Ellis, interested in history and science, remembers using models in class and being pushed to do his best by engaged teachers. In the background, early inklings of political activism at English were brewing — throughout the late ’60s and ’70s, Black students, who now surpassed European immigrants and white students as the majority of the school population with just over half of the student body, were calling on school officials to make the school more equitable.

In 1968, Black students, forming a student union, called for an elimination of English’s dress code so they could wear dashikis to school. And in 1970, nearly 150 students protested outside the school after allegations surfaced that the white headmaster had strangled a Black student. In early 1971, 200 students gathered in the school assembly hall to protest a Black student’s suspension after they say he was wrongly accused of breaking into a cafeteria worker’s locker.

Despite this history, Ellis recalls overall harmony in the student body.

“There were different people with all different walks of life at English, and they seemed to pretty much get along. I mean, everybody had the little cliques, but you know, that’s life,” he said.

The school again faced problems as the city’s desegregation efforts in the mid-1970s brought an influx of racial tensions to every school in the BPS system — English High being no exception. A 1974 Boston Globe article recounts an incident during which several English High students were injured in a violent protest-turned-riot in response to school integration.

Yet, English High, already accepting students from across the city from its inception, fared better than other BPS institutions where in-school violence persisted throughout the decade. During the desegregation period, English built a new school on the Roxbury property, created a magnet program to attract additional white students and, for the first time in its history, began accepting female students.

Harmony wouldn’t last, however. By the late 1980s, the school was again in dire disrepair and the student body was forced again to move — this time to the former Jamaica Plain High School building on McBride Street. With growing poverty and division within the student body between magnet and non-magnet kids, English High struggled to maintain accreditation and to graduate the majority of those who came through its doors.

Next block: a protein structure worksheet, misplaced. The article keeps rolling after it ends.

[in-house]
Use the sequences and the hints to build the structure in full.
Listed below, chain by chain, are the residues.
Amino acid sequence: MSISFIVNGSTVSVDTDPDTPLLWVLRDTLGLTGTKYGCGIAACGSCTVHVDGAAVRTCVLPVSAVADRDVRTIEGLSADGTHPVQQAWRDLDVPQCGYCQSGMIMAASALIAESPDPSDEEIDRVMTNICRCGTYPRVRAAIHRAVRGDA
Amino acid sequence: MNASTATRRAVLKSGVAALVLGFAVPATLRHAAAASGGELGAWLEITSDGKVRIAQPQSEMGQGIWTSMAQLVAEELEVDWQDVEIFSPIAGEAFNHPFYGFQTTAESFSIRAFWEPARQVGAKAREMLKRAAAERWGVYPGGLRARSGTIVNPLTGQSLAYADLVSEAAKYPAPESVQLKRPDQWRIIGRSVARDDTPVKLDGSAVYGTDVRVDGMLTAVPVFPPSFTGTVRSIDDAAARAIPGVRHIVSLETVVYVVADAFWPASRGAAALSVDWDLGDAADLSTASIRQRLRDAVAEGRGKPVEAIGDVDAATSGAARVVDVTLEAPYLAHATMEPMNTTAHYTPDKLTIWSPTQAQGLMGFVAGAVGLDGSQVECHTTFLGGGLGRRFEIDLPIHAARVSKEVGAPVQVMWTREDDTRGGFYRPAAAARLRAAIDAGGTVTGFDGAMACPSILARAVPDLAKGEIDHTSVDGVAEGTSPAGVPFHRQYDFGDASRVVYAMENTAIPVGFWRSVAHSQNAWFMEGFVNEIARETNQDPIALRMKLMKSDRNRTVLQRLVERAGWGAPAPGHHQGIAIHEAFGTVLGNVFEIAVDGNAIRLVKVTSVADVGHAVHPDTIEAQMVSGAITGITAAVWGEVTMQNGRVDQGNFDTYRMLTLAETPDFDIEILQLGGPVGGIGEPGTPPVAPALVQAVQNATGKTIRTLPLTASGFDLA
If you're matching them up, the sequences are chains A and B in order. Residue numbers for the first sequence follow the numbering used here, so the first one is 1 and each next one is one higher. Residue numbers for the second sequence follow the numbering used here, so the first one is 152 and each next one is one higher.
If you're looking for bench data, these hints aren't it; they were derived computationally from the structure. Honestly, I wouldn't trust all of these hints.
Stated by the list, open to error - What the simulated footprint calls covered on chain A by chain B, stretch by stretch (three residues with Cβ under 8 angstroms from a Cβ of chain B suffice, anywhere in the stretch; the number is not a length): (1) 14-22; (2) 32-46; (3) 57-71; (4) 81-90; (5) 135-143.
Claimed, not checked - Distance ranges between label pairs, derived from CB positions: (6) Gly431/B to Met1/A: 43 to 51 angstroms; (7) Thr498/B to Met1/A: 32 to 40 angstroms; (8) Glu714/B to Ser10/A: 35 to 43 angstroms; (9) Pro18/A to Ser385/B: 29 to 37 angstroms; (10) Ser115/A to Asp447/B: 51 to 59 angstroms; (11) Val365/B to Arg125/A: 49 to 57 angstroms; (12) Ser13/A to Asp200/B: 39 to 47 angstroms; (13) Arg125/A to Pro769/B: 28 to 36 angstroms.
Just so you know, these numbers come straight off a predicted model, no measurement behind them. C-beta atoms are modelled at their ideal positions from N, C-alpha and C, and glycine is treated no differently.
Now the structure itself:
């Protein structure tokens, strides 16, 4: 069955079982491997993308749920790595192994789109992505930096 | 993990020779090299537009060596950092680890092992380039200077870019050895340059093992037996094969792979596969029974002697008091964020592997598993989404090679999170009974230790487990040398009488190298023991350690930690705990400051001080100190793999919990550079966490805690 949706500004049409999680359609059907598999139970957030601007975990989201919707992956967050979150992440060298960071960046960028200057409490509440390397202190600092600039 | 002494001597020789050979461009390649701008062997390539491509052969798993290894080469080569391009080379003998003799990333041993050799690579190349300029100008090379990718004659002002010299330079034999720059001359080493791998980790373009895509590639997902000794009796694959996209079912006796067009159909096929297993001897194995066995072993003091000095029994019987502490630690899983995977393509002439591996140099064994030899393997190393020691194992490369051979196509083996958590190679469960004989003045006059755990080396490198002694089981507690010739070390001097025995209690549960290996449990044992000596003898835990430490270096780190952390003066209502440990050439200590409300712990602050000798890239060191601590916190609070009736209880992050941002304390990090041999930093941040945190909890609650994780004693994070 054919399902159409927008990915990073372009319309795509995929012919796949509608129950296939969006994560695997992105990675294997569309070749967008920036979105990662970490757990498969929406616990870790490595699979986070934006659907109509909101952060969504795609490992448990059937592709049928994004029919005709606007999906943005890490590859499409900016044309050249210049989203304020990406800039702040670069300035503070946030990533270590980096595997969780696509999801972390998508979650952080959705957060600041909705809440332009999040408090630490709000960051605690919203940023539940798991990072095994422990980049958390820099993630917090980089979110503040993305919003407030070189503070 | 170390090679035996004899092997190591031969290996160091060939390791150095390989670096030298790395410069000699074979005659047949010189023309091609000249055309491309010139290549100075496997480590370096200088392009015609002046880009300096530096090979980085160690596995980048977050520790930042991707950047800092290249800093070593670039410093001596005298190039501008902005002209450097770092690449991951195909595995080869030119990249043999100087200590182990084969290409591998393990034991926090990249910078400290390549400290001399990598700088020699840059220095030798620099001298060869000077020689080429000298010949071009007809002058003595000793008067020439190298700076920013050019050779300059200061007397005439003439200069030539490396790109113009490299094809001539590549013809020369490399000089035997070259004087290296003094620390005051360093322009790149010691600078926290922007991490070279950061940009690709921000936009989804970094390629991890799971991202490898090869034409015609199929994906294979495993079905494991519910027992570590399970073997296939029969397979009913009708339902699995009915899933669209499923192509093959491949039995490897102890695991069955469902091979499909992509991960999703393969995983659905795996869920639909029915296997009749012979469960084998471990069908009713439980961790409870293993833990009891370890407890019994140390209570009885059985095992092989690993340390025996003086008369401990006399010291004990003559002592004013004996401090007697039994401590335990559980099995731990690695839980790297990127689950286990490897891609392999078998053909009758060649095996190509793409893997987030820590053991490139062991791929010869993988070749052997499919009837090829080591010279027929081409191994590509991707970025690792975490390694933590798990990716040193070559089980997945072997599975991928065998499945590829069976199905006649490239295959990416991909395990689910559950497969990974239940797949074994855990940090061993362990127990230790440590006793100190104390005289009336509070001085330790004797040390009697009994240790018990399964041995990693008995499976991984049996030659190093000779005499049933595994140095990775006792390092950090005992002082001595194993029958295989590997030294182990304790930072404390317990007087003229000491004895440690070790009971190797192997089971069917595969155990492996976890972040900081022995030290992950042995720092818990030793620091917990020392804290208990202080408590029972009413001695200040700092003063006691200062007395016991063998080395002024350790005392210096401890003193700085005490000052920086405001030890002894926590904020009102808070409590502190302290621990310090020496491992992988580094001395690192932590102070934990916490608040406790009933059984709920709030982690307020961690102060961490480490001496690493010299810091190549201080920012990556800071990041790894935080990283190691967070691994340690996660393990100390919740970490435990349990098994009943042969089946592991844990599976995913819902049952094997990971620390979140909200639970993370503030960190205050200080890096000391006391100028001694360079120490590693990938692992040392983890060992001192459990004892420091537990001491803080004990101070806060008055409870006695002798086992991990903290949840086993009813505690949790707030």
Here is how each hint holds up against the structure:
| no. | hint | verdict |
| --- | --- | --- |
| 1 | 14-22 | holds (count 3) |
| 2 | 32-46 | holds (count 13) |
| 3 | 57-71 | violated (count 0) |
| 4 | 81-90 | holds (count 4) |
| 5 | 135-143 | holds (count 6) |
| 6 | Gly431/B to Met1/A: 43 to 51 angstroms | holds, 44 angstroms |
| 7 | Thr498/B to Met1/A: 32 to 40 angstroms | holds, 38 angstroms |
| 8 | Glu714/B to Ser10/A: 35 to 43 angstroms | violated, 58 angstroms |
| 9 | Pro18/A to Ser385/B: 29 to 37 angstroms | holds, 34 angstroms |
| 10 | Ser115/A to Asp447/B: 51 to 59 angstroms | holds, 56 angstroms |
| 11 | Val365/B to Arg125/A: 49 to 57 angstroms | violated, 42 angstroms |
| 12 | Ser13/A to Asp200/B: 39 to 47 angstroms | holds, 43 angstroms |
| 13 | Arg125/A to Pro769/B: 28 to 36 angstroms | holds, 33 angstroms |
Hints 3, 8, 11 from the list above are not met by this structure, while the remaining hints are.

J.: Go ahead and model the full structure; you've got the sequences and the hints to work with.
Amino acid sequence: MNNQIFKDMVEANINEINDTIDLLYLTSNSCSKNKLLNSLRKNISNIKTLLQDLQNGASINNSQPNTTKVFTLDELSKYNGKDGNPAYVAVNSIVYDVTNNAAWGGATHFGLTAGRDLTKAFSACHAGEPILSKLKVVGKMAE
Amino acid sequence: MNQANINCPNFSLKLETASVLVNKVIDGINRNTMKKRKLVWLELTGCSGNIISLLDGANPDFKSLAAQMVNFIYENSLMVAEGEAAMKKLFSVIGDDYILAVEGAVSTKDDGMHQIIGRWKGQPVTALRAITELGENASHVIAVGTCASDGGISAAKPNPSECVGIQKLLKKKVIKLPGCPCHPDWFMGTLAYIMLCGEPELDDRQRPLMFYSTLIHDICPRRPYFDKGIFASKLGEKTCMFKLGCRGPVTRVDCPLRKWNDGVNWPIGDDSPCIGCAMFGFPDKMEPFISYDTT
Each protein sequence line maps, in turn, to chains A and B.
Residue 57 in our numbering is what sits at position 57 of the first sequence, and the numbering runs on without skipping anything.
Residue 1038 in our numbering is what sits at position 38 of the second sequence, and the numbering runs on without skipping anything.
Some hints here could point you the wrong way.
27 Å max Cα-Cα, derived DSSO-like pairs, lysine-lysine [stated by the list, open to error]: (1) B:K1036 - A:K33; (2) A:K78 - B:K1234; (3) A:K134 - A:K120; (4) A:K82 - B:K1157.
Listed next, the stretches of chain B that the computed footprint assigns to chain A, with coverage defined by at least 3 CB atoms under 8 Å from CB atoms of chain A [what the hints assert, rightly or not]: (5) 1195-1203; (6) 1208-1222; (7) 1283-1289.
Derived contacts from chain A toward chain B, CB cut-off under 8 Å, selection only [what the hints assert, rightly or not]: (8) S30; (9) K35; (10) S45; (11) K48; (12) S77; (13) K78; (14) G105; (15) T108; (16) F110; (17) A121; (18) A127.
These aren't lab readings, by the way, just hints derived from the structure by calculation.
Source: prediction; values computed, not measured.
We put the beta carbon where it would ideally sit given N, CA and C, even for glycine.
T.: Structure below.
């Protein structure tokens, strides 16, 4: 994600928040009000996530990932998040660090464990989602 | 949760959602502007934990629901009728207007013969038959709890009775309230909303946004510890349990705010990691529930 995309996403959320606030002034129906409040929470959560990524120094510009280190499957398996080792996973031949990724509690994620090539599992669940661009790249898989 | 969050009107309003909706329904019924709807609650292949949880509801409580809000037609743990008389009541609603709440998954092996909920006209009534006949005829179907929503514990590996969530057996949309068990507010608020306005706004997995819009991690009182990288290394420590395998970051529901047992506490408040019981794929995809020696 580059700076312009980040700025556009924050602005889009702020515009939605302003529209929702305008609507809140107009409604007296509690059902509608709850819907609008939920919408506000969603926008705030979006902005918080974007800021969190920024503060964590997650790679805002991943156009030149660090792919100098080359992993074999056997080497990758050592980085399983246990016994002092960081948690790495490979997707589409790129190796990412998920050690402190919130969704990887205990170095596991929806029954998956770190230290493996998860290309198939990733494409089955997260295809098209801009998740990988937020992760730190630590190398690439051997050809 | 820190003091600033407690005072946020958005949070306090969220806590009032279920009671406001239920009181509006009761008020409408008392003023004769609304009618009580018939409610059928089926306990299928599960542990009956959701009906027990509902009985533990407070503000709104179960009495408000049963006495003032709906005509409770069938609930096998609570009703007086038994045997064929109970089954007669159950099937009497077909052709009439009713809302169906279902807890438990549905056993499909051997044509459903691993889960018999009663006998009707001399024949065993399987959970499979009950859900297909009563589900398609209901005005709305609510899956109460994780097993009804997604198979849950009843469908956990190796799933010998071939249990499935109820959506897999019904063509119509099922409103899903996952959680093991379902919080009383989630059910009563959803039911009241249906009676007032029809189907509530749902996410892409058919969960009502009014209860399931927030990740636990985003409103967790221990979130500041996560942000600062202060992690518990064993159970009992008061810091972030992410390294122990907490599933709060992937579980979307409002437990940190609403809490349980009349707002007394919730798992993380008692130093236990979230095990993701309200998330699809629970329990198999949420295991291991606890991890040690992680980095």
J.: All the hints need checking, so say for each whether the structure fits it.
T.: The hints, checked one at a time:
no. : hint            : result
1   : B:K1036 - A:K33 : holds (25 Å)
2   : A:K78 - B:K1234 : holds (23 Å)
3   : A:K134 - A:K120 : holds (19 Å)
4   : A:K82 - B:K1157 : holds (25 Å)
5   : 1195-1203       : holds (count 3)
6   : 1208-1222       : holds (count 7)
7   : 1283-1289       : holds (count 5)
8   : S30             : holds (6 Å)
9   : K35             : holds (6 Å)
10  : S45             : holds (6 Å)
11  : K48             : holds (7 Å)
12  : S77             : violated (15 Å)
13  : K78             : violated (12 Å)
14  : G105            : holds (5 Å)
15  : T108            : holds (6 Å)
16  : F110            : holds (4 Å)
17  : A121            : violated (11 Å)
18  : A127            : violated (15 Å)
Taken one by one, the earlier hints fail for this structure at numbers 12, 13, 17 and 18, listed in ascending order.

English became “kind of a rough place to go to school in the 1990s and 2000s,” Thomas said in an interview. “My sense is somehow somewhere along there, something got lost somehow, and whether it was the culture, whether it was the headmasters, the school was a rough place.”

Thomas credits Ligia Noriega-Murphy — the school’s first female headmaster, hired in 2012 — as the reason his alma mater still exists today.

He recounted a comment made by then-BPS Superintendent Carol Johnson.

“She said, ‘Ligia, you’re either going to turn that school around, or we’re going to close it,’” Thomas recounted.

He said an upward trajectory has continued under the current headmaster, Caitlin Murphy. Murphy began as a History teacher in 2009, before working her way up to assistant headmaster and now as the school lead. Thomas noted that under Murphy, the school’s graduation rate has increased from 52% to about 82%.

Murphy, in a letter to the student body earlier this year, points to the success of music and arts programs, Career Pathways and dedicated teaching staff as just a few ways the school has been able to make improvements.

“We are deeply committed to our roots as the nation’s first public high school, serving all students in the City of Boston and helping each student who enters our doors to become an intellectual, a passionate debater, a driven and motivated citizen of the world, and an empathetic friend,” Murphy wrote.

More information related to the EHSA 200th Anniversary Gala on Oct. 1 in Boston can be found on the English High School Association website: